The crucial interface: the wheel-rail interface is fundamental to rail transport: any failure in this area can have fatal consequences. Pavel Manasek of the Bonatrans Group and a member of the 15th International Wheelset Congress organising committee, previews what speakers will be saying on this vital subject
RAILWAY wheels and wheelsets are rightfully considered safety-critical components for rolling stock as they are the point of contact between rail vehicles and the infrastructure–they must carry the train and guide it safely on the rails and through switches and crossings. Passenger trains are now running at higher speeds than ever before while freight trains are much heavier, which means wheelsets are having to withstand much higher static and dynamic forces. Their task is also to ensure safe and efficient braking through adhesion between wheel and rail. As wheel-rail contact is among the main sources of noise generated by rail vehicles, finding ways to reduce noise is a task of growing importance.
The wheel-rail interface is a very complex issue where many factors come into consideration. Wheels are loaded by a multiaxial array of forces (Figure 1) influenced by vehicle dynamics, track geometry, and state of maintenance. Moreover, during braking, wheels often dissipate energy from the train which heats them to such high temperatures that the material properties of the wheels can be altered.
[FIGURE 1 OMITTED]
Several of the papers being presented in Prague will focus on the damage caused to the wheel tread surface during operation. There are two main kinds of tread damage: rolling contact fatigue (RCF) and flats, both of which can lead to premature wheel reprofiling or removal, and eventually even to a wheel failure.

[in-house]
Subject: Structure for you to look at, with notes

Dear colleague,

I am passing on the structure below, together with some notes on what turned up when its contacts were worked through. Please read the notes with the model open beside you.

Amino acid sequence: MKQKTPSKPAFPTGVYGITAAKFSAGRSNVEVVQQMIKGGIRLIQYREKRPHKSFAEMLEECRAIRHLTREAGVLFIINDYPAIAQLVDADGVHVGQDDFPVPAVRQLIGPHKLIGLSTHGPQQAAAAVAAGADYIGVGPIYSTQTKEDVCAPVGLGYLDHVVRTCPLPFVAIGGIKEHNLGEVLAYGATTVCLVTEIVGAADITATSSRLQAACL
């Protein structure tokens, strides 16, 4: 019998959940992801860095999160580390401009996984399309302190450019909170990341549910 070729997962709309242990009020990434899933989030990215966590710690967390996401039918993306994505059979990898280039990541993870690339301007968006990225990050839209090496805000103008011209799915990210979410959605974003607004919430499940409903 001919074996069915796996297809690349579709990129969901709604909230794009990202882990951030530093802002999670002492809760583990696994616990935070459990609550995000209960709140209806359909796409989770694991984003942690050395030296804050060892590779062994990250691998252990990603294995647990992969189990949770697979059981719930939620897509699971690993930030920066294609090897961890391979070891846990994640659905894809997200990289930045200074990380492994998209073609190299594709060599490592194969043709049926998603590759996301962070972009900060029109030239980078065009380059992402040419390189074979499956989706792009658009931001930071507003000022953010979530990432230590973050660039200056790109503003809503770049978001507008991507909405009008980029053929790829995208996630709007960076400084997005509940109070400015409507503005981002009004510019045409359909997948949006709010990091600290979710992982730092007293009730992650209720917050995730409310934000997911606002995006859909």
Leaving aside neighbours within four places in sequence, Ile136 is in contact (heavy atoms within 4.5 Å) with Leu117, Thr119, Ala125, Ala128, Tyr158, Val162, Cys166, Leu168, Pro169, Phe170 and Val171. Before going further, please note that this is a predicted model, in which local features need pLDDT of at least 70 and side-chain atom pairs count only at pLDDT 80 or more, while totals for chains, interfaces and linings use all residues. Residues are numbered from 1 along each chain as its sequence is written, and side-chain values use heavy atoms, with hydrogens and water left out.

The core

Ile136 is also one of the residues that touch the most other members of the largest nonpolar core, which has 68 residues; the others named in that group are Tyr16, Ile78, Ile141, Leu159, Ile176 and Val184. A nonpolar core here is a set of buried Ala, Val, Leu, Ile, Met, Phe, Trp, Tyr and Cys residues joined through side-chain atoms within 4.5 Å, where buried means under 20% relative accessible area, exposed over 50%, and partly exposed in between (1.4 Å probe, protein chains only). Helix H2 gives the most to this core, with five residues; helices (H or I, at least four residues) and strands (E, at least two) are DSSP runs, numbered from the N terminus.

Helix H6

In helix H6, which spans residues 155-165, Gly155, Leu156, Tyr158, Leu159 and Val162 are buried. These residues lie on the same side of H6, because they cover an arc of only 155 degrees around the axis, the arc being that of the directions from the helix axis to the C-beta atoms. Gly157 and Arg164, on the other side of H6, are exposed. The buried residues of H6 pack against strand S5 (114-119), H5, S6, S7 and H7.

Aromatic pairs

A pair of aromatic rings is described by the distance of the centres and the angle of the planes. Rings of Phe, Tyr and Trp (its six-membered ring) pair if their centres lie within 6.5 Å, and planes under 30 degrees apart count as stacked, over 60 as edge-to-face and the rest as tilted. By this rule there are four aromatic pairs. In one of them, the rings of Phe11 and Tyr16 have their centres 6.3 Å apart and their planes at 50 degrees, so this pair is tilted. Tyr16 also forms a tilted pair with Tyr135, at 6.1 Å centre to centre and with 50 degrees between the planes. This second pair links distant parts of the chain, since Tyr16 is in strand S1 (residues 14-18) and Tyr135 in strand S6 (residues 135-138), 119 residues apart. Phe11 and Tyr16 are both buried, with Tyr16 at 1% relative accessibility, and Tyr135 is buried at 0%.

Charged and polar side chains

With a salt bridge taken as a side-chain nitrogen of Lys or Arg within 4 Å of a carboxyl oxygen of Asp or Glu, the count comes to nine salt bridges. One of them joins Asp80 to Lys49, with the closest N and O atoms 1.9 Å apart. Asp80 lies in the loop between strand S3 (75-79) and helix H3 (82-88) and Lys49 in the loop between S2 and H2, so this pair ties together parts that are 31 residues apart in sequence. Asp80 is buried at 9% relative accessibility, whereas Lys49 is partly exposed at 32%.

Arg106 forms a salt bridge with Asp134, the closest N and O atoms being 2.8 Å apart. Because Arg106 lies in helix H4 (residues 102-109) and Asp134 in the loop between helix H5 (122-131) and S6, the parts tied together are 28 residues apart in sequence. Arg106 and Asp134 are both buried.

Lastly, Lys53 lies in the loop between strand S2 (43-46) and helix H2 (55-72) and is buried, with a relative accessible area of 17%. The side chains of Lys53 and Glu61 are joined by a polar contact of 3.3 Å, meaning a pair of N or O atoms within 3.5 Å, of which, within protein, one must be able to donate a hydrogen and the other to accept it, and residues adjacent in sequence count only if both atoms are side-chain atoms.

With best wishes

In a paper from Japan on the evaluation of RCF properties in the martensite white layer in wheel steel, Japanese universities and wheelset manufacturers have been studying this type of damage, or more specifically spalling of the wheel tread (Figure 2), and have observed this phenomenon many times. A mathematical model using FEM analysis based on experimental data has been developed that can describe the initiation and propagation of cracks in the white layer on the wheel tread surface, which appears particularly in wheels with a high carbon content. The model enables evaluation of various loading conditions and their effect on RCF. Experiments and FEM analyses have confirmed wheel slippage as the main source of crack initiation in the white layer.
[FIGURE 2 OMITTED]
High impact wheels
A group of authors from a Japanese wheel manufacturer have conducted an investigation of high impact wheels in their search for the main causes of a problem that causes large numbers of freight wagon wheels to be removed from service in North America. They believe the appearance of a martensite structure, spheroidised cementite, and a white layer are the main results of high impact wheels. To combat this, they propose an alternative wheel material with less inclination to high impact wheels.
The problem of wheel flats will be addressed by Mr M Steenbergen from Delft University, the Netherlands, who tries to bridge the considerable differences in results and standards for evaluating wheel flats, which are derived from either geometry or force-based criteria. Besides detailed analysis of wheel flats, Steenbergen offers a universal criterion of the minimum circumferential wheel tread curvature as the critical parameter.